And so, I am so very pleased to report that I am now the proud owner of a flock of a dozen ISA Brown Layers. Allow me to introduce them, won't you?
First, the hens are a year old and already laying. I wanted some instant success and to avoid some of the chick intensity, and these ladies came up at just the right time. The previous owner was having some trouble with pecking in her flock (these twelve were in with many other chickens) and so they arrived here missing lots of feathers "on their butts", as Phillip likes to say. I lovingly refer to my tiny chicken operation as Sherrie's Chicken Rehab, as they appear to be a bit of a motley bunch. Apparently their feathers will take five or six weeks to grow back in, and I'm hoping that since they have some more space and lots of attention, they'll grow back beautifully. I don't know much about their past life, and I've only had them for a week, so I'm always observing them carefully for anything untoward, and I'm hoping that there aren't any underlying health issues with any of them.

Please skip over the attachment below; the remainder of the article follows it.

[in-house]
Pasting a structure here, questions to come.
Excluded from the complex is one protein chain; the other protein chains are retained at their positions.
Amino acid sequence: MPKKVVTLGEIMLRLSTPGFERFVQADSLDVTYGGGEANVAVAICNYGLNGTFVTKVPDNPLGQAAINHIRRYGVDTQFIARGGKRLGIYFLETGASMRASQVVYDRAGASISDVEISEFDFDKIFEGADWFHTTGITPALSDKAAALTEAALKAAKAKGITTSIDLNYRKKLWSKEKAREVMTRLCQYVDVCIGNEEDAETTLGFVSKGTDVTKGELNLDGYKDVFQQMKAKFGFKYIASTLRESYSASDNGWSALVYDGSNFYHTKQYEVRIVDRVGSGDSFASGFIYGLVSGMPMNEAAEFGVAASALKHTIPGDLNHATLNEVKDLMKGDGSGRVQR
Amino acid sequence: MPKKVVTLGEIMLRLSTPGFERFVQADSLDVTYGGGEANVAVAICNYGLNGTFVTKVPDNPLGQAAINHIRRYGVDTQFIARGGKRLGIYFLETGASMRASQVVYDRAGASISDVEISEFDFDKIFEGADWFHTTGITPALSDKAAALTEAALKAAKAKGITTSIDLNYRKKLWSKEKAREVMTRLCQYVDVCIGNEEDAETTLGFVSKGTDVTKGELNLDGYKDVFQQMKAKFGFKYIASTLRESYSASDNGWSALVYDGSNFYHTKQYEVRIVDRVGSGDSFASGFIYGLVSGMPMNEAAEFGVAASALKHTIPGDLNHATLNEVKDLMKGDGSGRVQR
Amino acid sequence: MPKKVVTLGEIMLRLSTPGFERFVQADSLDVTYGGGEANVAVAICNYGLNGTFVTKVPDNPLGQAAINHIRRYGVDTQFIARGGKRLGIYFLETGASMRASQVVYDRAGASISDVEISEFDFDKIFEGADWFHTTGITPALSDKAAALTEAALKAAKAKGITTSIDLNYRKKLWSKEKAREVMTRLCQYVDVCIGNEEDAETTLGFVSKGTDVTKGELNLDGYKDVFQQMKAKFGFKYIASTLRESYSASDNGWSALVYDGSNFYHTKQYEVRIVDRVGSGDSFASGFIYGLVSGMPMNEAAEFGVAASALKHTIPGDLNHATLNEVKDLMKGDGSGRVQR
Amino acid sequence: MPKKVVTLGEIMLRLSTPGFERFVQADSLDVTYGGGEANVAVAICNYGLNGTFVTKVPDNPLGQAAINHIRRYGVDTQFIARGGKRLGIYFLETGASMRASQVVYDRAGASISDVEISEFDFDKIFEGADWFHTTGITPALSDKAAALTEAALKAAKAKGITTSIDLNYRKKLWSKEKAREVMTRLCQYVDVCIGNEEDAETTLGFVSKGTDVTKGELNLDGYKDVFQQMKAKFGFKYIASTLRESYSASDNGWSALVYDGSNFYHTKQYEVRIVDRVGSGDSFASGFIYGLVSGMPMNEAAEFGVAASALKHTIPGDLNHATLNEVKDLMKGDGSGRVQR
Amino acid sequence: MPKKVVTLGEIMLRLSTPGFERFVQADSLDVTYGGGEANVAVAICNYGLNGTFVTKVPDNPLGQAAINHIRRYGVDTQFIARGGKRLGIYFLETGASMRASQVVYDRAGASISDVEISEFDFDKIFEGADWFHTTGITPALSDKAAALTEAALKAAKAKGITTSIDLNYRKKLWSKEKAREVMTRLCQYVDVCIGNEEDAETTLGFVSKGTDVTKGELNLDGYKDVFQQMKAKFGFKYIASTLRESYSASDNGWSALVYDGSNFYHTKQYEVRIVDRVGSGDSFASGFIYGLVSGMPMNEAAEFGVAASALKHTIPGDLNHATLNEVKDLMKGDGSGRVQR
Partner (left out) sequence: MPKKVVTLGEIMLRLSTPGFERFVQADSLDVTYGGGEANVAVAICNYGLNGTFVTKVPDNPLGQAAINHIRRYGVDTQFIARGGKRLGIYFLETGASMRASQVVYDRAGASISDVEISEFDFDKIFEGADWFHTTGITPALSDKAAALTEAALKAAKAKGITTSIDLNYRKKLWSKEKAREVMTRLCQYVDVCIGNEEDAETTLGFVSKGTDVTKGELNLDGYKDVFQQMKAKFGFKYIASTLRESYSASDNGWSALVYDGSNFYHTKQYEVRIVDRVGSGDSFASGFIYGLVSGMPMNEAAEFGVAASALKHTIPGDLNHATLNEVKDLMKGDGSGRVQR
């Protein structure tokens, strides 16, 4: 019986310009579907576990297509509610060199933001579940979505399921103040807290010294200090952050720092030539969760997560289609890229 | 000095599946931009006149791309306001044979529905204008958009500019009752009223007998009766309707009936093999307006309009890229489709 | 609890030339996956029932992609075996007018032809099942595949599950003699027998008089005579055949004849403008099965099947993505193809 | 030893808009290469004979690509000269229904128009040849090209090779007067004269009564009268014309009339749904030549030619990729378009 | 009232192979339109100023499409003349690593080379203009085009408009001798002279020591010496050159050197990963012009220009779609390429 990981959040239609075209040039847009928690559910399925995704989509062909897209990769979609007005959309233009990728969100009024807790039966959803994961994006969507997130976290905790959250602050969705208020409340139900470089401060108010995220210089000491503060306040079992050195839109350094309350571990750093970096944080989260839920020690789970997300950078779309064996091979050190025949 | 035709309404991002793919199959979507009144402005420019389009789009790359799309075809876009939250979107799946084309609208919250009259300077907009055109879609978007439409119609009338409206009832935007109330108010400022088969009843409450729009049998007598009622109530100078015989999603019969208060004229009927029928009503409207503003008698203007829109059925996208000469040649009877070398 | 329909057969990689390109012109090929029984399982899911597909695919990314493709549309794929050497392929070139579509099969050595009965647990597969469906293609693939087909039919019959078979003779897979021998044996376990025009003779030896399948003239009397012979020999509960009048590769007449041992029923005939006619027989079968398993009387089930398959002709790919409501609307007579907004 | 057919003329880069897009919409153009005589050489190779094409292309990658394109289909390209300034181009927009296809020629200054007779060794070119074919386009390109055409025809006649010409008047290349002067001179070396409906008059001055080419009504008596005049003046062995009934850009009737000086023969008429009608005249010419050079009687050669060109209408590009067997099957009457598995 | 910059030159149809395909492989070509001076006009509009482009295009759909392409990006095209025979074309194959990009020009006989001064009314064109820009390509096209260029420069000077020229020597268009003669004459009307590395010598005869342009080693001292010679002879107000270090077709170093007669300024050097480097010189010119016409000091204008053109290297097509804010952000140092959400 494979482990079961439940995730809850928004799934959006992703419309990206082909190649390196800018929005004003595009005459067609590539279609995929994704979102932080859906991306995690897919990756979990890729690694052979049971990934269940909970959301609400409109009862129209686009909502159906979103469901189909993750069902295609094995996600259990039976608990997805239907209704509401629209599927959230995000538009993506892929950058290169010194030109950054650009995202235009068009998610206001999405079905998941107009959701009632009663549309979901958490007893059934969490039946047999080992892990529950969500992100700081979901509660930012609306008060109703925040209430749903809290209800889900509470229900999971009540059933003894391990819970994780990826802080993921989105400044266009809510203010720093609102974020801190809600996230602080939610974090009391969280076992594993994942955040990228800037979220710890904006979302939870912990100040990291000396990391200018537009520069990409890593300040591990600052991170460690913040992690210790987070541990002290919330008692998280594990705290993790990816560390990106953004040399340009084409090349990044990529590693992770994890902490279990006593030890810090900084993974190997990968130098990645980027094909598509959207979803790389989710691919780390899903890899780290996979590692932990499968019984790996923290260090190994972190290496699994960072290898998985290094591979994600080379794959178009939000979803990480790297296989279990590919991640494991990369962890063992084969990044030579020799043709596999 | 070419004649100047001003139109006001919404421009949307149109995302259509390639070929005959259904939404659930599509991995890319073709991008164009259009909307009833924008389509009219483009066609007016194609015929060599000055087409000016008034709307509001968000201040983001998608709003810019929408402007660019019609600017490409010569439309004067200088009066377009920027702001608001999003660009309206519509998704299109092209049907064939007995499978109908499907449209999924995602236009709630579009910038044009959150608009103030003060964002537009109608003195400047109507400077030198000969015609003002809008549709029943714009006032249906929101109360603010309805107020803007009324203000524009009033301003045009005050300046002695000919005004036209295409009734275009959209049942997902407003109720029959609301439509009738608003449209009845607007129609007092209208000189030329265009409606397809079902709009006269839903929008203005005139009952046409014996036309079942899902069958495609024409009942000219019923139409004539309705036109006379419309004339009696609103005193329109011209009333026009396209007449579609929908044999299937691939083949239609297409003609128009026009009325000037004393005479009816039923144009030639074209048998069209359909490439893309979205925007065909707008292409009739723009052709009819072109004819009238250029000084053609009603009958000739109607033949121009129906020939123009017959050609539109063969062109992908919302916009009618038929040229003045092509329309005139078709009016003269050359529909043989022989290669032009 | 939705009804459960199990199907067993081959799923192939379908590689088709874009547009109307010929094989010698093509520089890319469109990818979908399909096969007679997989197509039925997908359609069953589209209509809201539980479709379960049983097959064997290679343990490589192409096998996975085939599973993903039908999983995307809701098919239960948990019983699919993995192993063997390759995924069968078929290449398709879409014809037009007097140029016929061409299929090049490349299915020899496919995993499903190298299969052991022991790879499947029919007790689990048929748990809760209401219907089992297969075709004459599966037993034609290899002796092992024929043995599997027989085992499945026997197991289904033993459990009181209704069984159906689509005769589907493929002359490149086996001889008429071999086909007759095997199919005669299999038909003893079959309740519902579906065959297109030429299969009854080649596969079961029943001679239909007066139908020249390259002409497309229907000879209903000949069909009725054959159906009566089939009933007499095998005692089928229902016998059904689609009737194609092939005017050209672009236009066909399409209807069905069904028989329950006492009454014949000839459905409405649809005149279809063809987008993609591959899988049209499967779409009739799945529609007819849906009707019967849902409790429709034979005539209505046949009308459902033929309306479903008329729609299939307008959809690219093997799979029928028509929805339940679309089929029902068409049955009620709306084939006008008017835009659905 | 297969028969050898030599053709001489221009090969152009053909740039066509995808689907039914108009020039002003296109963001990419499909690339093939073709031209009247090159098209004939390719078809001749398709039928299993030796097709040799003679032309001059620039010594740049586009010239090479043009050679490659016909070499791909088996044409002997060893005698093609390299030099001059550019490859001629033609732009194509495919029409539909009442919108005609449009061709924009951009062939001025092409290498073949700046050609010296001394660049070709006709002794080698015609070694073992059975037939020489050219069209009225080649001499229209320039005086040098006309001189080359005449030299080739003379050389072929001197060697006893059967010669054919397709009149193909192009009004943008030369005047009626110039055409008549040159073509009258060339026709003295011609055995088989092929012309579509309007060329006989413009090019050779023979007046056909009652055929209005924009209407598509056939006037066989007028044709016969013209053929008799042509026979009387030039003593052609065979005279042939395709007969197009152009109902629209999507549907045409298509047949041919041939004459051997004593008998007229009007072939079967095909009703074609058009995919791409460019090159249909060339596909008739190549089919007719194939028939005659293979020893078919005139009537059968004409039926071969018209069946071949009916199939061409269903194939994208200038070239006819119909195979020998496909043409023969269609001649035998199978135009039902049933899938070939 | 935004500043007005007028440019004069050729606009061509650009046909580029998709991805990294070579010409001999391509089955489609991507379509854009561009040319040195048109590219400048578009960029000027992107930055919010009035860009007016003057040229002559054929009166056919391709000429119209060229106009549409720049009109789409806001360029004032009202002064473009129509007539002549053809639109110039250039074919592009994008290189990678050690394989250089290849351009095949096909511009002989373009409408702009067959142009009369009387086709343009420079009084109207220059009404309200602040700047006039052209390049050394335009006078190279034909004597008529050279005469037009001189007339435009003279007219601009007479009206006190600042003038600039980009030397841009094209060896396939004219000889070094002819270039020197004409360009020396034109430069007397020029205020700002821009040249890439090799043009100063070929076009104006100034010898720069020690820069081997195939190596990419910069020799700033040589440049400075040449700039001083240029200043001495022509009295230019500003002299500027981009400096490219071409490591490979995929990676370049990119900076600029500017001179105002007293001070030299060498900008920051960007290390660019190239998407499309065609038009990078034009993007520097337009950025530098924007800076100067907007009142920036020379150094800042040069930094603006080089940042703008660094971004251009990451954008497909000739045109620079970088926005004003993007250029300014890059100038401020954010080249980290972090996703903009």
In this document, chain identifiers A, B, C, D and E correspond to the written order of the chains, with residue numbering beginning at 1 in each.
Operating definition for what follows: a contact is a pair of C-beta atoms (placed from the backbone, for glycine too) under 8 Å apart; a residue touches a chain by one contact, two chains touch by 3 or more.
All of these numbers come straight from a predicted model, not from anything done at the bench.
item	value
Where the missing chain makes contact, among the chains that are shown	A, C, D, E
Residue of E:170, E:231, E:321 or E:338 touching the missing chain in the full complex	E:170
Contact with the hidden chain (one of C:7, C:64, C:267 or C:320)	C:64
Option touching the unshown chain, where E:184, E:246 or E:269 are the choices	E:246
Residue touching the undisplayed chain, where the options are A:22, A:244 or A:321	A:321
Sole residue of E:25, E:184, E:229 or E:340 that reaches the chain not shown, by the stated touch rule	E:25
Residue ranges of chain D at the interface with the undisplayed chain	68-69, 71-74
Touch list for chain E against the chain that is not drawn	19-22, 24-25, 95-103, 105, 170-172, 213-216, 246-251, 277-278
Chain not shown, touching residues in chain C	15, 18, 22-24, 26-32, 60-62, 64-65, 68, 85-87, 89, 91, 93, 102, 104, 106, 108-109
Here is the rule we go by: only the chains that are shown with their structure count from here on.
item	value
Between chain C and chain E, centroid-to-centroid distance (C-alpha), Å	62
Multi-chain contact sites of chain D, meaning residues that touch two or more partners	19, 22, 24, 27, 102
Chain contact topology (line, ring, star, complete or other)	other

They are so sweet and personable already! After a couple of days adjusting, they come trotting over when I arrive, looking for treats. Especially this beady-eyed beauty. She has been dubbed Jessica Fletcher. She's very much a busybody, and comes running as soon as I arrive. Unlike the others, she won't leave my side while I'm cleaning the coop, collecting eggs, and just having a little visit with the hens. She tilts her head from side to side to look me over, pecks at my toes, hands, pant legs, fingers, and waits patiently for me to feed her an extra little treat or two. She also solves murders in her spare time and is a wickedly accurate typist.
You can see the bare butts above. I'm watching carefully for any signs of broken skin or any other complications.
The coop was all set up by the previous owner. We gave it a very thorough cleaning, some fresh bedding, and these ladies settled right in. They really are a joy to hang out with, and they're good layers - we collect 8-10 eggs each day.
This poor hen above seems to have lost the most feathers, and as she was grooming herself a bit, I caught this picture where you can see how bald her back end is.